Early uses of the term

The term Dogma Catholicum was first used by Vincent of Lérins (450), referring to "what all, everywhere and always believed".[16] In the year 565, Emperor Justinian declared the decisions of the first ecumenical councils as law because they are true dogmata of God[16] In the Middle Ages, the term doctrina Catholica, (Catholic doctrine) was used for the Catholic faith. Individual beliefs were labeled as articulus fidei ( part of the faith).

Ecumenical Councils issue dogmas. Many dogmas - especially from the early Church (Ephesus, Chalcedon) to the Council of Trent - were formulated against specific heresies.(Holy Spirit only emanating from father and not from Father and Son) Later dogmas (Immaculate Conception and Assumption of Mary) express the greatness of God in binding language. At the specific request of Pope John XXIII, the Second Vatican Council did not proclaim any dogmas. Instead it presented the basic elements of the Catholic faith in a more understandable, pastoral language, without changing the teachings of the Church.[1] The last two dogmas were pronounced by Popes, Pope Pius IX in 1854 and Pope Pius XII in 1950 on the Immaculate Conception and the assumption of the Blessed Virgin Mary respectively. They are cornerstones of mariology

To some, this raises the question, why new dogmas are formulated almost 2000 years after the resurrection of Christ. It is Catholic teaching that with Christ and the Apostles, revelation is completed. Dogmas issued after the death of his apostles are not new, but explications of existing faith. Implicit truth are specified as explicit, as it was done in the teachings on the Trinity by the ecumenical councils. Karl Rahner tries to explain this with the allegorical sentence of a husband to his wife "I love you" this surely implies, I am faithful to you.[17]

In the 5th century Vincent of Lérins wrote, in Commonitory, that there should be progress within the Church, "on condition that it be real progress, not alteration of the faith. For progress requires that the subject be enlarged in itself, alteration, that it be transformed into something else. The intelligence, then, the knowledge, the wisdom, [...] of individuals [...] as well of [...] the whole Church, ought, in the course of ages and centuries, to increase and make much and vigorous progress; but yet only in its own kind; that is to say, in the same doctrine, in the same sense, and in the same meaning."[18] Vincent commented on the First Epistle to Timothy (6:20) that Timothy, for Vincent, represented "either generally the Universal Church, or in particular, the whole body of The Prelacy", whose obligation is "to possess or to communicate to others a complete knowledge of religion" called the deposit of faith. According to Vincent, the deposit of faith was entrusted and not "devised: a matter not of wit, but of learning; not of private adoption, but of public tradition." Vincent expounded that you "received gold, give gold in turn," and not a substitute or a counterfeit. Vincent explained that those who are qualified by a "divine gift" should "by wit, by skill, by learning," expound and clarify "that which formerly was believed, though imperfectly apprehended" – to understand "what antiquity venerated without understanding" and teach "the same truths" in a new way.[19] The Church uses this text in its interpretation of dogmatic development. In 1870, the First Vatican Council quoted from Commonitory and stated, in the dogmatic constitution Dei Filius, that "meaning of the sacred dogmas is perpetually to be retained" once they have been declared by the Catholic Church and "there must never be a deviation from that meaning on the specious ground and title of a more profound understanding."[20][21] In 1964, the Second Vatican Council further developed this in Lumen Gentium.[22][lower-alpha 3]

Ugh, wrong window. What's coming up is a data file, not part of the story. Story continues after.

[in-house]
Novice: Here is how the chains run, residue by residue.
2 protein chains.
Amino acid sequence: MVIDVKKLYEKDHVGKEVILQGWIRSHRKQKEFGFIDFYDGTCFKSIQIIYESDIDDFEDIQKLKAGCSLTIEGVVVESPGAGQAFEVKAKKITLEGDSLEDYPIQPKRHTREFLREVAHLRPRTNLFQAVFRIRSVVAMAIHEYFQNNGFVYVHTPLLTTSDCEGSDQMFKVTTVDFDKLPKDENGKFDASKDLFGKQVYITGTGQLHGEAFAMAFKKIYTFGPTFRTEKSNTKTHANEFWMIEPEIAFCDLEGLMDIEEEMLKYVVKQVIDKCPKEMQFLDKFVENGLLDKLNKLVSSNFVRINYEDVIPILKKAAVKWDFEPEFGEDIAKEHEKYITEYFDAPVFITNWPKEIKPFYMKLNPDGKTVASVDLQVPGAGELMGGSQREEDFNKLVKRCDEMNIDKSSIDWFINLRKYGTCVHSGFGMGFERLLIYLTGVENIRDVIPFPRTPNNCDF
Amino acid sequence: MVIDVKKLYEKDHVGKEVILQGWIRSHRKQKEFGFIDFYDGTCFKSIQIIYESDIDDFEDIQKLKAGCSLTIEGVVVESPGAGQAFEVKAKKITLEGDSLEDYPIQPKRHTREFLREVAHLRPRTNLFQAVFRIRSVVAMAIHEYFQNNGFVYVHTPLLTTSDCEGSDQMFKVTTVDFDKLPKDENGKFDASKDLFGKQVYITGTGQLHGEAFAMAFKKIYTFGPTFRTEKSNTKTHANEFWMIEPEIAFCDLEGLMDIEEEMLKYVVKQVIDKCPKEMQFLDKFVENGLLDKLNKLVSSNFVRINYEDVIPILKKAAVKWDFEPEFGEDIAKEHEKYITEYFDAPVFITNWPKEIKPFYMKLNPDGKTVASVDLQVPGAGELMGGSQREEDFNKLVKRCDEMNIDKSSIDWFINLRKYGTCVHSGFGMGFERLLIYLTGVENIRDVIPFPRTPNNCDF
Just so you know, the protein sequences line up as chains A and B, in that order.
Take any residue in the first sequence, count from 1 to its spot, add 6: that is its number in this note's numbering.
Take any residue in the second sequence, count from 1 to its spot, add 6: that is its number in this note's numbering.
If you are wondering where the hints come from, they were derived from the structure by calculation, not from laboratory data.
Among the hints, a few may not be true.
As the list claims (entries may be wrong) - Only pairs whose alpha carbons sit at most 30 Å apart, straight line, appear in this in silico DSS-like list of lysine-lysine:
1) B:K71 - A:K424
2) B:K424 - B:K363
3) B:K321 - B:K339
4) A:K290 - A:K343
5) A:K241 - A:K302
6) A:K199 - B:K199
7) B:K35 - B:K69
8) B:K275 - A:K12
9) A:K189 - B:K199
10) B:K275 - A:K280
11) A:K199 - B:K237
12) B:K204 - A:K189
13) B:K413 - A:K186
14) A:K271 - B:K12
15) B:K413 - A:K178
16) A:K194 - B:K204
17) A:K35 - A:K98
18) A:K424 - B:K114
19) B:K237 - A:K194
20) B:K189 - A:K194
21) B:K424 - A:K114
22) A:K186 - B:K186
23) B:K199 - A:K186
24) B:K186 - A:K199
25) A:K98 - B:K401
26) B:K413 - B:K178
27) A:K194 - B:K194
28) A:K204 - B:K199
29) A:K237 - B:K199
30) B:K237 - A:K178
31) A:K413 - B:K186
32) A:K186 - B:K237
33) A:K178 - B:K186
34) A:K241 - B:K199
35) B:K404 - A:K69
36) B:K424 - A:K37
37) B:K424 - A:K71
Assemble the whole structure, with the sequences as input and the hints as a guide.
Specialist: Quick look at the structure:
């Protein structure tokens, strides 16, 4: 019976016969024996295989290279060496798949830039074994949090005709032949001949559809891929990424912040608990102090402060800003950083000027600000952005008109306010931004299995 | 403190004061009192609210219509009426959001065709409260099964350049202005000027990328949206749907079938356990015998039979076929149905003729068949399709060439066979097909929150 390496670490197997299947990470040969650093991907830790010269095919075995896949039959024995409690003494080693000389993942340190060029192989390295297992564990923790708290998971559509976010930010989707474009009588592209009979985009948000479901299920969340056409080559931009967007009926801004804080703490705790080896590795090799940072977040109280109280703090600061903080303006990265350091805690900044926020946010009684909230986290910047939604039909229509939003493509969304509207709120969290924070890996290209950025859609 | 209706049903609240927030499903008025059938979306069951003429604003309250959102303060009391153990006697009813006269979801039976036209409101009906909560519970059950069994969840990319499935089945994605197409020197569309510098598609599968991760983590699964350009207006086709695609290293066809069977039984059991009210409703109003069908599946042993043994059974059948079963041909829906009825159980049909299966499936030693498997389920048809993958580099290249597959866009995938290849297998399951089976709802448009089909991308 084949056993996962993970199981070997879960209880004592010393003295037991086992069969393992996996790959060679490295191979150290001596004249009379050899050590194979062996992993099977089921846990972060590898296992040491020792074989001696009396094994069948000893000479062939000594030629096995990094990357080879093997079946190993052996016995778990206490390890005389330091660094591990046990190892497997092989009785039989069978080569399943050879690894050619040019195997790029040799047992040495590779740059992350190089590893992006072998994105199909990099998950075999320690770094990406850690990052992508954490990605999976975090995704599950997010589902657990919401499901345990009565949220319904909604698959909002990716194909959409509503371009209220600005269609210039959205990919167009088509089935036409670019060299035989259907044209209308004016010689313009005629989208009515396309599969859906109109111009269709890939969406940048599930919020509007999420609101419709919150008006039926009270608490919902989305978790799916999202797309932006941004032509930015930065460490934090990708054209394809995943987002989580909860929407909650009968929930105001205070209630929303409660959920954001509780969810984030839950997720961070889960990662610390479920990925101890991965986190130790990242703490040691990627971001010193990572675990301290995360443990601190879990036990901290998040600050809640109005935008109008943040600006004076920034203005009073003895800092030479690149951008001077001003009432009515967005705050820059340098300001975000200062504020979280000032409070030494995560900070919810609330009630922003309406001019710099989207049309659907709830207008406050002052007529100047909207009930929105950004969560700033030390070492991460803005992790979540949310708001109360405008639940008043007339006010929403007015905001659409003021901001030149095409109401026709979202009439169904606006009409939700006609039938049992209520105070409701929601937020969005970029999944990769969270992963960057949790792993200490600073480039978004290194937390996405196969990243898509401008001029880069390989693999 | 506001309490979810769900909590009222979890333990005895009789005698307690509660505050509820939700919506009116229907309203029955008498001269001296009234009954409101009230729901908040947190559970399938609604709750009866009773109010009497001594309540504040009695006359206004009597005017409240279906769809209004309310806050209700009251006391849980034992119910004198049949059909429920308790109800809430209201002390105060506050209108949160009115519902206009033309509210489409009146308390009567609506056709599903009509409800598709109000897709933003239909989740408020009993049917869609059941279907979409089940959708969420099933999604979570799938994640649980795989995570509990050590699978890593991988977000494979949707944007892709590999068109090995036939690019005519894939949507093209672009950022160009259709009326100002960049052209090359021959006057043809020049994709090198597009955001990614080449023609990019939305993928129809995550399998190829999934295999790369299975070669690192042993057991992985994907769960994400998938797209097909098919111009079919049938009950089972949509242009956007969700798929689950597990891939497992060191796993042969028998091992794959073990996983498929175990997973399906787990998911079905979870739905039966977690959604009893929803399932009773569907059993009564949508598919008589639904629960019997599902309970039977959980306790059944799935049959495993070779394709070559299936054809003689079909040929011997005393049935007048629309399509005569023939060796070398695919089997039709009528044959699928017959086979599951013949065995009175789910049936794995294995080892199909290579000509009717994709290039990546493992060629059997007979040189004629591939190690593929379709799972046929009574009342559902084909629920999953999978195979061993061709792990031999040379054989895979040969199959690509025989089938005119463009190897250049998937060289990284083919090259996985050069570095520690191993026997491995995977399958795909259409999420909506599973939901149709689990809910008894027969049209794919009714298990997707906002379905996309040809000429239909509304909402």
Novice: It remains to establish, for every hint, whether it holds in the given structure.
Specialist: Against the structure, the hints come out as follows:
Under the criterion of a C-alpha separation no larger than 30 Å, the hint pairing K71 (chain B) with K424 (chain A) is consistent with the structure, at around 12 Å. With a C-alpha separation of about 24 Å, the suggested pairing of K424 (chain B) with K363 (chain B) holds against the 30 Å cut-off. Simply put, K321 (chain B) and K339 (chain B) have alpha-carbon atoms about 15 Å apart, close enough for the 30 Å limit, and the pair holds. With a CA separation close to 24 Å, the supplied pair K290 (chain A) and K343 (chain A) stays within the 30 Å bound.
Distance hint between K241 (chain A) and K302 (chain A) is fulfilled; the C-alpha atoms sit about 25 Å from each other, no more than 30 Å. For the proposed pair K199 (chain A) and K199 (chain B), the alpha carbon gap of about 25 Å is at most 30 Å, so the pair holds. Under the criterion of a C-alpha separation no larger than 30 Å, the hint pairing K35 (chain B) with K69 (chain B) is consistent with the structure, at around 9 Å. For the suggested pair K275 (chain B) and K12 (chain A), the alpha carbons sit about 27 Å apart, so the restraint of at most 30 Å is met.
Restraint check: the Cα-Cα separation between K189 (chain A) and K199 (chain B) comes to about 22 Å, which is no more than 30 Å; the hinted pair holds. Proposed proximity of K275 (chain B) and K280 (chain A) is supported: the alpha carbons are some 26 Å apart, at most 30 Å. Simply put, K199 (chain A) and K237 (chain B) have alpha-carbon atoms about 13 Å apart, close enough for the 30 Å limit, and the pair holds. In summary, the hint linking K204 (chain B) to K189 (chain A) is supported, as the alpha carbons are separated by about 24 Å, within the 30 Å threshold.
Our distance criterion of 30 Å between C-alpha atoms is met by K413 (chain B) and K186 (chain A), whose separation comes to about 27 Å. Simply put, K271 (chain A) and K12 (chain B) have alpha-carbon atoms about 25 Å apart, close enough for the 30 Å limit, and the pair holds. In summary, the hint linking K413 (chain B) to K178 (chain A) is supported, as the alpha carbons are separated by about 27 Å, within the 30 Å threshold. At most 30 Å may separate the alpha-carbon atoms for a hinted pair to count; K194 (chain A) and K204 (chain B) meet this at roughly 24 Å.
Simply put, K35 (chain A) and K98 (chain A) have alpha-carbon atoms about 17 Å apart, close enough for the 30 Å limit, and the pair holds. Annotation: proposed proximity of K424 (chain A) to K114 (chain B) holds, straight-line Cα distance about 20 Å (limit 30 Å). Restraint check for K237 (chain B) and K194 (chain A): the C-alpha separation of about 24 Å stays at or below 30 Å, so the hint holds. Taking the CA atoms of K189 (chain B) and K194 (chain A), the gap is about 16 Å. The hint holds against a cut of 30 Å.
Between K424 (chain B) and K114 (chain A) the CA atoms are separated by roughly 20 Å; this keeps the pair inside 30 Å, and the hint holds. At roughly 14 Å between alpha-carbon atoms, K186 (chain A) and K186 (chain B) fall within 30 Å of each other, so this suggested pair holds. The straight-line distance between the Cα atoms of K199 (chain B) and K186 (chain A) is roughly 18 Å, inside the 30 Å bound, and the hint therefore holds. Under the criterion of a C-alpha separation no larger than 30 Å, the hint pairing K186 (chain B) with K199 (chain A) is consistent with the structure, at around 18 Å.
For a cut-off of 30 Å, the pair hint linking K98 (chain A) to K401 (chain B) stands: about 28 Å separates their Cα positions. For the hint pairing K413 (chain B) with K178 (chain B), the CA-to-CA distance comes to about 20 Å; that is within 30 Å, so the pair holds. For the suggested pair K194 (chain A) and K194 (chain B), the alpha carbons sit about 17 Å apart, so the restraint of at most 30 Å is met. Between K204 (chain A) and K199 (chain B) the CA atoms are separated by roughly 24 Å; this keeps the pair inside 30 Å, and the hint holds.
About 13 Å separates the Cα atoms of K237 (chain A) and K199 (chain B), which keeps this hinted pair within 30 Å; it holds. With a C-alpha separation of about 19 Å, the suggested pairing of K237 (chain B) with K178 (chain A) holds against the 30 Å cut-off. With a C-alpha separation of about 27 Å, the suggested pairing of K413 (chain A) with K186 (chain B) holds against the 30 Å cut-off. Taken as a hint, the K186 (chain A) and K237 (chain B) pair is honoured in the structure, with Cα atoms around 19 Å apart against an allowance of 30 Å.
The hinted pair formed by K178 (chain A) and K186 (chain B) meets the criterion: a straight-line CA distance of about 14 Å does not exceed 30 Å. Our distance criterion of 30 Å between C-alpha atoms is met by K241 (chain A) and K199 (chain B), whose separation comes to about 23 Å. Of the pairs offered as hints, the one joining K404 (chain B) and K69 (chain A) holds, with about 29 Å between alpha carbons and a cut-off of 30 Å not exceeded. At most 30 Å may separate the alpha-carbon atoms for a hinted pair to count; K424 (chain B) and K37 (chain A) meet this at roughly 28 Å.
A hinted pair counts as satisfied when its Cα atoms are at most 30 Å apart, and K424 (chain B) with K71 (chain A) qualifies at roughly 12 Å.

Theological certainties